Monday, March 13, 2006

Bad Numbers, Despite Great Numbers

President George W. Bush has taken a beating in recent polls, which, in the words of the late Edgar Stiles, just doesn't make sense.

A recent CBS News poll found that

59 percent of U.S. adults disapproved of Bush's job performance. His 34 percent approval rating was the lowest since he took office in 2001, eight points lower than in January. The poll's margin of error was plus or minus 3 percentage points.

. . .

Bush's approval rating is far below those registered by three of the past four two-term presidents in February of their sixth year: Dwight Eisenhower (64 percent), Ronald Reagan (63.5 percent) and Bill Clinton (57 percent). Only Nixon, at 27.5 percent in February 1974 -- six months before he resigned -- was less popular than Bush is now.
I neither trust nor like polls, especially when you consider how the media have made polls the story rather than reflections of the stories. But at least there was a time when polling data, whether good or ill, at least had a loose affiliation with the facts of the day. Bush's current low poll numbers make it painfull clear that they reflect the negative perception fostered by the MSM rather than fact-based public perception of the president's job performance.

Take, for example, the latest economic news. By all accounts, the American economy is booming. Bloomberg News reports that February witnessed the addition of 243,000 jobs to payrolls nationwide, and that, while the unemployment rate did rise by one-tenth of a percent since January's job numbers were released, it rose from 4.7% to 4.8%. I encourage others out there to correct me if I am wrong, but I was under the impression that any unemployment rate at or below 5% (or even slightly above 5%) meant that the economy was essentially at full employment.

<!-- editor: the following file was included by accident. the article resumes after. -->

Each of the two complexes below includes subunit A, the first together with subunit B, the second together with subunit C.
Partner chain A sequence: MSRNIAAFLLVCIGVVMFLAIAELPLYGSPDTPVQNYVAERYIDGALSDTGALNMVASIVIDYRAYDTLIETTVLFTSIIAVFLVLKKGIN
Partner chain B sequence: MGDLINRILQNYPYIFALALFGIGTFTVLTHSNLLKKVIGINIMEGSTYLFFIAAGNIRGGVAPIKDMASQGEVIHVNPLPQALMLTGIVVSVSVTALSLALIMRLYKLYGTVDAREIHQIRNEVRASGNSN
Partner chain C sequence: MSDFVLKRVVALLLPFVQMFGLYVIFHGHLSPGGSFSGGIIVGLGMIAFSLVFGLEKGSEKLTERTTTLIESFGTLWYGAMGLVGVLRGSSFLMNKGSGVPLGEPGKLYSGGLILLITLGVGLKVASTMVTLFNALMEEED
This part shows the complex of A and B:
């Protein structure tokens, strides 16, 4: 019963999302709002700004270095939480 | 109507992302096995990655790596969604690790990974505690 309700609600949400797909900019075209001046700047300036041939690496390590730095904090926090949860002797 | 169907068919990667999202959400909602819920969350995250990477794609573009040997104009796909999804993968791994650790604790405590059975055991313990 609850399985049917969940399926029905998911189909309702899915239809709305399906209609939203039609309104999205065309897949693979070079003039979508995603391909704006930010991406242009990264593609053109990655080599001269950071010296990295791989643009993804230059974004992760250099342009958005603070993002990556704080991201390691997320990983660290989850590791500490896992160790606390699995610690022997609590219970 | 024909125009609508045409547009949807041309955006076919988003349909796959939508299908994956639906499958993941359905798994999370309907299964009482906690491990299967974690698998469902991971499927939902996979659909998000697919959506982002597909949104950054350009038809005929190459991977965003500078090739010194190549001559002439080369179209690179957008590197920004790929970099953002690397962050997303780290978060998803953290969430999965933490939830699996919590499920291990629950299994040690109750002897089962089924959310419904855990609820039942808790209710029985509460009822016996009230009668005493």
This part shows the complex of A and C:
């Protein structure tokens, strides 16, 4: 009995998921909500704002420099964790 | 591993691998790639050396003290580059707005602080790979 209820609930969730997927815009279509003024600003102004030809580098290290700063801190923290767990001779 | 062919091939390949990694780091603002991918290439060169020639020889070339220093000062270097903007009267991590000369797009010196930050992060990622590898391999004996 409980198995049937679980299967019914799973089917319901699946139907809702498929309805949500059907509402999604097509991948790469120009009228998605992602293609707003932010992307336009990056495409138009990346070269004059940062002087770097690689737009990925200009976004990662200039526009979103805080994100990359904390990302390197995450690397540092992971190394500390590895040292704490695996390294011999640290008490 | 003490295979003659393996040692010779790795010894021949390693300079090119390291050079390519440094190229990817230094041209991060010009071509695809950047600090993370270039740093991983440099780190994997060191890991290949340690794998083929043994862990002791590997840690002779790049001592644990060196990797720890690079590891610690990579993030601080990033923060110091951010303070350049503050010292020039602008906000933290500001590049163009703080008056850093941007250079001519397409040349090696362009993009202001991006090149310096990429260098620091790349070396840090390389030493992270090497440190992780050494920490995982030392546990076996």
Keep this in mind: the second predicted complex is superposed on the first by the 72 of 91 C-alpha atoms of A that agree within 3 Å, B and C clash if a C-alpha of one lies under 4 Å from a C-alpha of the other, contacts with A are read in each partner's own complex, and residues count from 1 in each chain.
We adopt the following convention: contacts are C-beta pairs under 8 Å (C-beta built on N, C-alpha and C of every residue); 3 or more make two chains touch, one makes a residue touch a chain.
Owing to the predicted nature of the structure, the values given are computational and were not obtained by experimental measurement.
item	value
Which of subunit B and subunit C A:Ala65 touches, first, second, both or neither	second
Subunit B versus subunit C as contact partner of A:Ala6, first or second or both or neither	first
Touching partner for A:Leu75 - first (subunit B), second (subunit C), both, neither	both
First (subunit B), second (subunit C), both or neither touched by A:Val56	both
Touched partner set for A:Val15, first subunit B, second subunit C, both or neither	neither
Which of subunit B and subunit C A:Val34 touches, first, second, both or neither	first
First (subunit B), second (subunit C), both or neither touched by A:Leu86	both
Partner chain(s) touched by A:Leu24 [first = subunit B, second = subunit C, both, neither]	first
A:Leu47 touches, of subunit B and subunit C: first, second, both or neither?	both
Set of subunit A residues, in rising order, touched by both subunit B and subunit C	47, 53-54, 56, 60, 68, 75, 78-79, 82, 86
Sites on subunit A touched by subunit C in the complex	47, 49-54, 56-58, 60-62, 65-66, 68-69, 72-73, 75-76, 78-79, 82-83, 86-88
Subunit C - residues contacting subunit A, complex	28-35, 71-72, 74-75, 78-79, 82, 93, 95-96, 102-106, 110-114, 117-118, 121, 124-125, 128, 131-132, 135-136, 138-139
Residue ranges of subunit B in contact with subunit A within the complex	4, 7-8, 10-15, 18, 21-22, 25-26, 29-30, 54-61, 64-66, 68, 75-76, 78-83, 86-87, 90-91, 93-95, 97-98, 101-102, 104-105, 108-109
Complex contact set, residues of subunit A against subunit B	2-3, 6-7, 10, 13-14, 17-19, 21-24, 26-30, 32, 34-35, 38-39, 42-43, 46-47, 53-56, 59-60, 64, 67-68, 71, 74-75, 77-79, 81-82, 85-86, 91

Some might say that these negative poll numbers reflect other negatives, and that those negatives are swamping any boost he might ordinarily be getting from good economic numbers. As a counter to that argument, I would put forward Bill Clinton as proof that that hypothesis is lacking. During even the lowest points of Clinton's administration, particularly during impeachment, Clinton's numbers remained remarkably high, a fact which many attributed to the solid economic numbers of the late 1990s.

At the end of the day, I think poll numbers are irrelevant. They are ends-oriented ventures disguised as objective, statistic-based snapshots of public opinion; rather than being random and chaotic, they are heavily massaged and, to some extent, pre-determined by the tone of the questions asked. And I will guarantee you that history will quickly forget what what CBS News had to say about the president during a week-long poll conducted in March 2006. Nonetheless, it is maddening as a bystander to see misleading and substance-less polling data being passed along as reality.

Simply stated, the bad numbers do not reflect the great numbers.


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